Another way AH&VI cut times before patient arrival is by adopting a “by any means necessary” approach. Because its service area is mostly rural, and sometimes very remote, getting an ambulance to patients is not always practical. Luetmer recalls a time when EMS personnel had to retrieve a patient from a deer stand. The patient had to be transported from the deer stand in a four-wheeler until EMS could get to a road that was ambulance accessible. The institute also has a helicopter, which they have used to immediately care for and transport patients.
“We very carefully evaluate each individual location as to whether it makes sense to call a helicopter or whether it’s faster if they have an ambulance ready to go,” Luetmer explained. AH&VI employs an intercept system that allows the helicopter and critical care ambulance to meet patients part way, or it sends a critical care team to jump into the ambulance with a patient and bring them the rest of the way.
According to Scott Garavet, cardiovascular service line administrator at AH&VI, the STEMI program has been planned down to the very last detail once the patient arrives at the institute. Every step has been thought out, including where the EMS team places defib patches, making sure the patient is undressed in the proper location, having security open all the doors en route to the cath lab, assuring the patient enters into the cath lab in the right orientation and making sure the IV pumps are on the correct side of the table. These very small details each may not impact time, but certainly count in aggregate.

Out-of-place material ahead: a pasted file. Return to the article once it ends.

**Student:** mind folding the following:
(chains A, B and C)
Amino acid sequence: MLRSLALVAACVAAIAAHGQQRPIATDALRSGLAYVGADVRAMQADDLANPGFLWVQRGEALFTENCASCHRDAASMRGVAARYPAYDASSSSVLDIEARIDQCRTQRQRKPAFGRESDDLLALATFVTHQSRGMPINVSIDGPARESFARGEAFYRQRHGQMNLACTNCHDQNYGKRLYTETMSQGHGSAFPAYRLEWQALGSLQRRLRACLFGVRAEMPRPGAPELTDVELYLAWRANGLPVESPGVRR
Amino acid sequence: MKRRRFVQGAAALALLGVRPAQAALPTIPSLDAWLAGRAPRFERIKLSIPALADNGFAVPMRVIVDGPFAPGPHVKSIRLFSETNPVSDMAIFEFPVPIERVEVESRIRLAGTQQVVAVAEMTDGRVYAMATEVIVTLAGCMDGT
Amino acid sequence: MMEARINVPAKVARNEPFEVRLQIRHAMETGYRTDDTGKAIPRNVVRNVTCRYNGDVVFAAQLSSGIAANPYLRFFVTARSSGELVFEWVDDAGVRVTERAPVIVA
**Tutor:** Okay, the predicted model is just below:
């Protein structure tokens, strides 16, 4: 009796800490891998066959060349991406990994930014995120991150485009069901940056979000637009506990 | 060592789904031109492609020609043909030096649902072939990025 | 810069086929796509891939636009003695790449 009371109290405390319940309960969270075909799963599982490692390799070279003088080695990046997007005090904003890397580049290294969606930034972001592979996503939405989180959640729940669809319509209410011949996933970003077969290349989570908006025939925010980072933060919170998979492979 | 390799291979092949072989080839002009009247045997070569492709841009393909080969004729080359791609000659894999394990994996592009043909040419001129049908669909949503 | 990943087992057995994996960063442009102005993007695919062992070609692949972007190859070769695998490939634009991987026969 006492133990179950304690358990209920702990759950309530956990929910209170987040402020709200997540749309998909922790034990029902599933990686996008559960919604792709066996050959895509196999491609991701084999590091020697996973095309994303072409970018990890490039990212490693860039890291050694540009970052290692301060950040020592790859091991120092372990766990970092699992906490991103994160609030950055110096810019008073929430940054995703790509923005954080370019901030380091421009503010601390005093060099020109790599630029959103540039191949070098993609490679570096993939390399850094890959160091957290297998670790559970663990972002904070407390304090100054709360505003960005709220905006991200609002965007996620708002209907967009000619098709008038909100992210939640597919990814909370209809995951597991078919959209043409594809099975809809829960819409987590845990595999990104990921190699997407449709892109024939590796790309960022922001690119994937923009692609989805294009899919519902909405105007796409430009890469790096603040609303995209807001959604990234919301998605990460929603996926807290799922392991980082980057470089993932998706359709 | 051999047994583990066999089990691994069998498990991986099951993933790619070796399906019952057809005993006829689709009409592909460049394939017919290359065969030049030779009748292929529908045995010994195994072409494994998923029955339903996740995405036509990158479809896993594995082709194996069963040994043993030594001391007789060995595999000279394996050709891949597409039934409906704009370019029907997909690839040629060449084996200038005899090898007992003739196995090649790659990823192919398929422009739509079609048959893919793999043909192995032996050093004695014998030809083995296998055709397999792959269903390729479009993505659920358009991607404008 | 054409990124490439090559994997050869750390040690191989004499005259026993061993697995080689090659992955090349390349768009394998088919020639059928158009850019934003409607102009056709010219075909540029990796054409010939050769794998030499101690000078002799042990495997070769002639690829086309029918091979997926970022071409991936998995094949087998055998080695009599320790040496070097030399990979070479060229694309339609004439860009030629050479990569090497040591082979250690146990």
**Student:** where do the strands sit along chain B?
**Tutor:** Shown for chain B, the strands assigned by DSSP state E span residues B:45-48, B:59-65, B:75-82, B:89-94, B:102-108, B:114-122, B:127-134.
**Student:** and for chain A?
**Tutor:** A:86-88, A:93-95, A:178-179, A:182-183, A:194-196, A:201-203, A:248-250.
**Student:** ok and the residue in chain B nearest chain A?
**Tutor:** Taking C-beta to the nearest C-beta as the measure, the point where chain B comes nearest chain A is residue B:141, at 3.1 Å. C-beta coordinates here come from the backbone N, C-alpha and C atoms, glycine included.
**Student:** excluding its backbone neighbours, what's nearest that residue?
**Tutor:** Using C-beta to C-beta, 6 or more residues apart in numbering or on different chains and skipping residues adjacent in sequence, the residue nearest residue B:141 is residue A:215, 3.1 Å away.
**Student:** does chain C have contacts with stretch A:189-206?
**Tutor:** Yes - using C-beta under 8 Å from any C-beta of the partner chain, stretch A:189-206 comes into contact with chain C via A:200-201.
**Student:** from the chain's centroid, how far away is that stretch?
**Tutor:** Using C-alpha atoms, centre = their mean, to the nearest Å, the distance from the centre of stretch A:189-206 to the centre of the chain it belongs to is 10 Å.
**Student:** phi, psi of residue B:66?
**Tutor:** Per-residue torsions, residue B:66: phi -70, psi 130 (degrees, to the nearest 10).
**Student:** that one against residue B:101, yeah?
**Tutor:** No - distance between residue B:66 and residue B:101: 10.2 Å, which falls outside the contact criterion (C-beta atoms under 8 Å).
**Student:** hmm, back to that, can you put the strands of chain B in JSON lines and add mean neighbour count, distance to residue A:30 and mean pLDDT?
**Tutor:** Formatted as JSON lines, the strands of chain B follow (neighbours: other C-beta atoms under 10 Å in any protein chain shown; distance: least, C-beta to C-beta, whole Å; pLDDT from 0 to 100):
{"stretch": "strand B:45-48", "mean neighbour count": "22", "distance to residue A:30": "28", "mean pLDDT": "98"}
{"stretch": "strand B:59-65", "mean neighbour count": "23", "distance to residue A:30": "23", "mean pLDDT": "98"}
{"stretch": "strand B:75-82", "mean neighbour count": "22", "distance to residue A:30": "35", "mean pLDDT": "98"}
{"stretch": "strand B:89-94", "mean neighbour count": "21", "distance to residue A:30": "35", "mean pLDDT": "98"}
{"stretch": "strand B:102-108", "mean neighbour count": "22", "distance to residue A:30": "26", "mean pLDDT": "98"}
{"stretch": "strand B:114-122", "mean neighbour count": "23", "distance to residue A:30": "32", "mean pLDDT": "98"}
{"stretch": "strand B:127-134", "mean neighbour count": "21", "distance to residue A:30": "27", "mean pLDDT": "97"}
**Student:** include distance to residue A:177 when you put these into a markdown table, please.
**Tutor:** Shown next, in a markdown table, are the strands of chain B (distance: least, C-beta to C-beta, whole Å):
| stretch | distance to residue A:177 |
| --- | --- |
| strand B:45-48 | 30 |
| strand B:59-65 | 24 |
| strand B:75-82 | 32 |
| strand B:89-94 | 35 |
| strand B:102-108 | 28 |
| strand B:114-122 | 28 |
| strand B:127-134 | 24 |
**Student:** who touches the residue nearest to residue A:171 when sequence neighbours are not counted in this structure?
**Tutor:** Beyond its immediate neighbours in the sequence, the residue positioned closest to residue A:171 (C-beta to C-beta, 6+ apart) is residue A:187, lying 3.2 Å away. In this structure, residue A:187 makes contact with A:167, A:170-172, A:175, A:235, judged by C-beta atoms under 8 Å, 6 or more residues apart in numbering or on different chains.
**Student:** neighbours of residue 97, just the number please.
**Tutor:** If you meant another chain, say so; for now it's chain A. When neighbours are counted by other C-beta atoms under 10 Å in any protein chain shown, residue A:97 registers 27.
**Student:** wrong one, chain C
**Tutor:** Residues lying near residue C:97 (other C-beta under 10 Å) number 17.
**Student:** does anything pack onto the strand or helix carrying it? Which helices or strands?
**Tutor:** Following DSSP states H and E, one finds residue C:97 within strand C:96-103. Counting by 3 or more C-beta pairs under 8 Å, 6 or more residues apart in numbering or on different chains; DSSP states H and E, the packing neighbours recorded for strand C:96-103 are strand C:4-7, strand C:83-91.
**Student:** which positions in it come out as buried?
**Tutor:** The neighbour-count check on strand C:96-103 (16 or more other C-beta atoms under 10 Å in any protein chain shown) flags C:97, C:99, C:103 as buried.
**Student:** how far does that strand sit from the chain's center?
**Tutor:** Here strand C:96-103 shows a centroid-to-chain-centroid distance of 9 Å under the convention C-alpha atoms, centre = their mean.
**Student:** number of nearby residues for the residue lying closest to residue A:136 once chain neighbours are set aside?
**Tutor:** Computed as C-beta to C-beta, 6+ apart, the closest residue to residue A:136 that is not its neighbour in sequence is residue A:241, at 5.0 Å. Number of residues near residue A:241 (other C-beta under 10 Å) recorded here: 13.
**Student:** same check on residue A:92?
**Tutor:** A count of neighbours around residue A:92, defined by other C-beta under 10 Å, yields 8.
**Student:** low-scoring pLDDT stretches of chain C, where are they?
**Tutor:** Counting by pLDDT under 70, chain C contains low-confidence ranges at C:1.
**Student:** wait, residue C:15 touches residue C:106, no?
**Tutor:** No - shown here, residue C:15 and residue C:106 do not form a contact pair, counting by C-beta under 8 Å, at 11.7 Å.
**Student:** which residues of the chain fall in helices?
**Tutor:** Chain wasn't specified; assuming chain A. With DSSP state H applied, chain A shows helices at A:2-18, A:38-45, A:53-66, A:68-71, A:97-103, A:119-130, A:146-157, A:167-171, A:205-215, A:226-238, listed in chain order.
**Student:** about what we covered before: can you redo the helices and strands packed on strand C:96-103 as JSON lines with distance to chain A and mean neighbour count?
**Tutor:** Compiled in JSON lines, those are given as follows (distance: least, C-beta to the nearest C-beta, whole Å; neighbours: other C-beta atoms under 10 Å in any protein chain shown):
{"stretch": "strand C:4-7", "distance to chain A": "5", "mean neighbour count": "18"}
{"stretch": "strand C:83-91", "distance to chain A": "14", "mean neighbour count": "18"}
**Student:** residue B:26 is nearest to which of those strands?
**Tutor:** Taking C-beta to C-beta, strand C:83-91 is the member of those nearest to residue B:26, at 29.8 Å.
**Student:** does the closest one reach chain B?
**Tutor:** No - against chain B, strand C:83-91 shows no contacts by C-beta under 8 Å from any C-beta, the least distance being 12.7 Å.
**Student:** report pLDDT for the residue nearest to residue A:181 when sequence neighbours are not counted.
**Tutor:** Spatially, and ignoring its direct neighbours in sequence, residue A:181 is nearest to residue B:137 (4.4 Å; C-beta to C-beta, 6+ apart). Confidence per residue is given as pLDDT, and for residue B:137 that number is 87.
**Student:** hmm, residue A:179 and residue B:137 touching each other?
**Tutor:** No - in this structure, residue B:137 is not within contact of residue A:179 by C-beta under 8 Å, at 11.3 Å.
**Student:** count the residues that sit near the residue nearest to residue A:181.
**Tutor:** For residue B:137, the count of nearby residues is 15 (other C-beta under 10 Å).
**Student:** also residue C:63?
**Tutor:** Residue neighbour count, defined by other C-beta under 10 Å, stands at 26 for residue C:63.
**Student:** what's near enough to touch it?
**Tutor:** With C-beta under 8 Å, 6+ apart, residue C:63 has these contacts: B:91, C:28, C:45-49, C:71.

The STEMI program has not only enabled AH&VI to have an average STEMI length of stay (LOS) of 3.7 days, but it also allowed the institute to save more lives. Luetmer said that due to these time-saving efforts, AH&VI’s mortality rate is less than 2 percent for those STEMI patients who are alive on arrival.
Improving Technology: TAVR
In addition to a STEMI program, AH&VI also set out to upgrade its surgical heart valve repair program by creating a transcatheter aortic valve replacement (TAVR) program that offers advanced, minimally invasive treatment options. In this specialized valve clinic, the multidisciplinary team, comprised of cardiologists and cardiothoracic surgeons, is able to offer patients in need of heart valve repair a comprehensive plan of care by the time they leave the clinic. While at the clinic, patients can see a heart surgeon and a specially trained valve cardiologist, and have a 3-D transesophageal echo (TEE), a stress test and a right and left heart catheterization — all in the same day.
This multidisciplinary approach lends itself all the way to the hybrid operating room where at any given time there can be nine or 10 types of medical professionals in TAVR procedure. This includes four or five specially trained physicians, such as a noninvasive cardiologist trained in 3-D echocardiography, an anesthesiologist, an invasive cardiologist, a cardiovascular surgeon and a vascular surgeon, all involved in the actual delivery of the device either transapically or tranfemorally. AH&VI originally performed exclusively transfemoral procedures, but when the transapical procedure was approved, it expanded the population of candidates that were eligible for TAVR. Currently, about 50 percent of the institute’s TAVR procedures are transapical and 50 percent are transfemoral.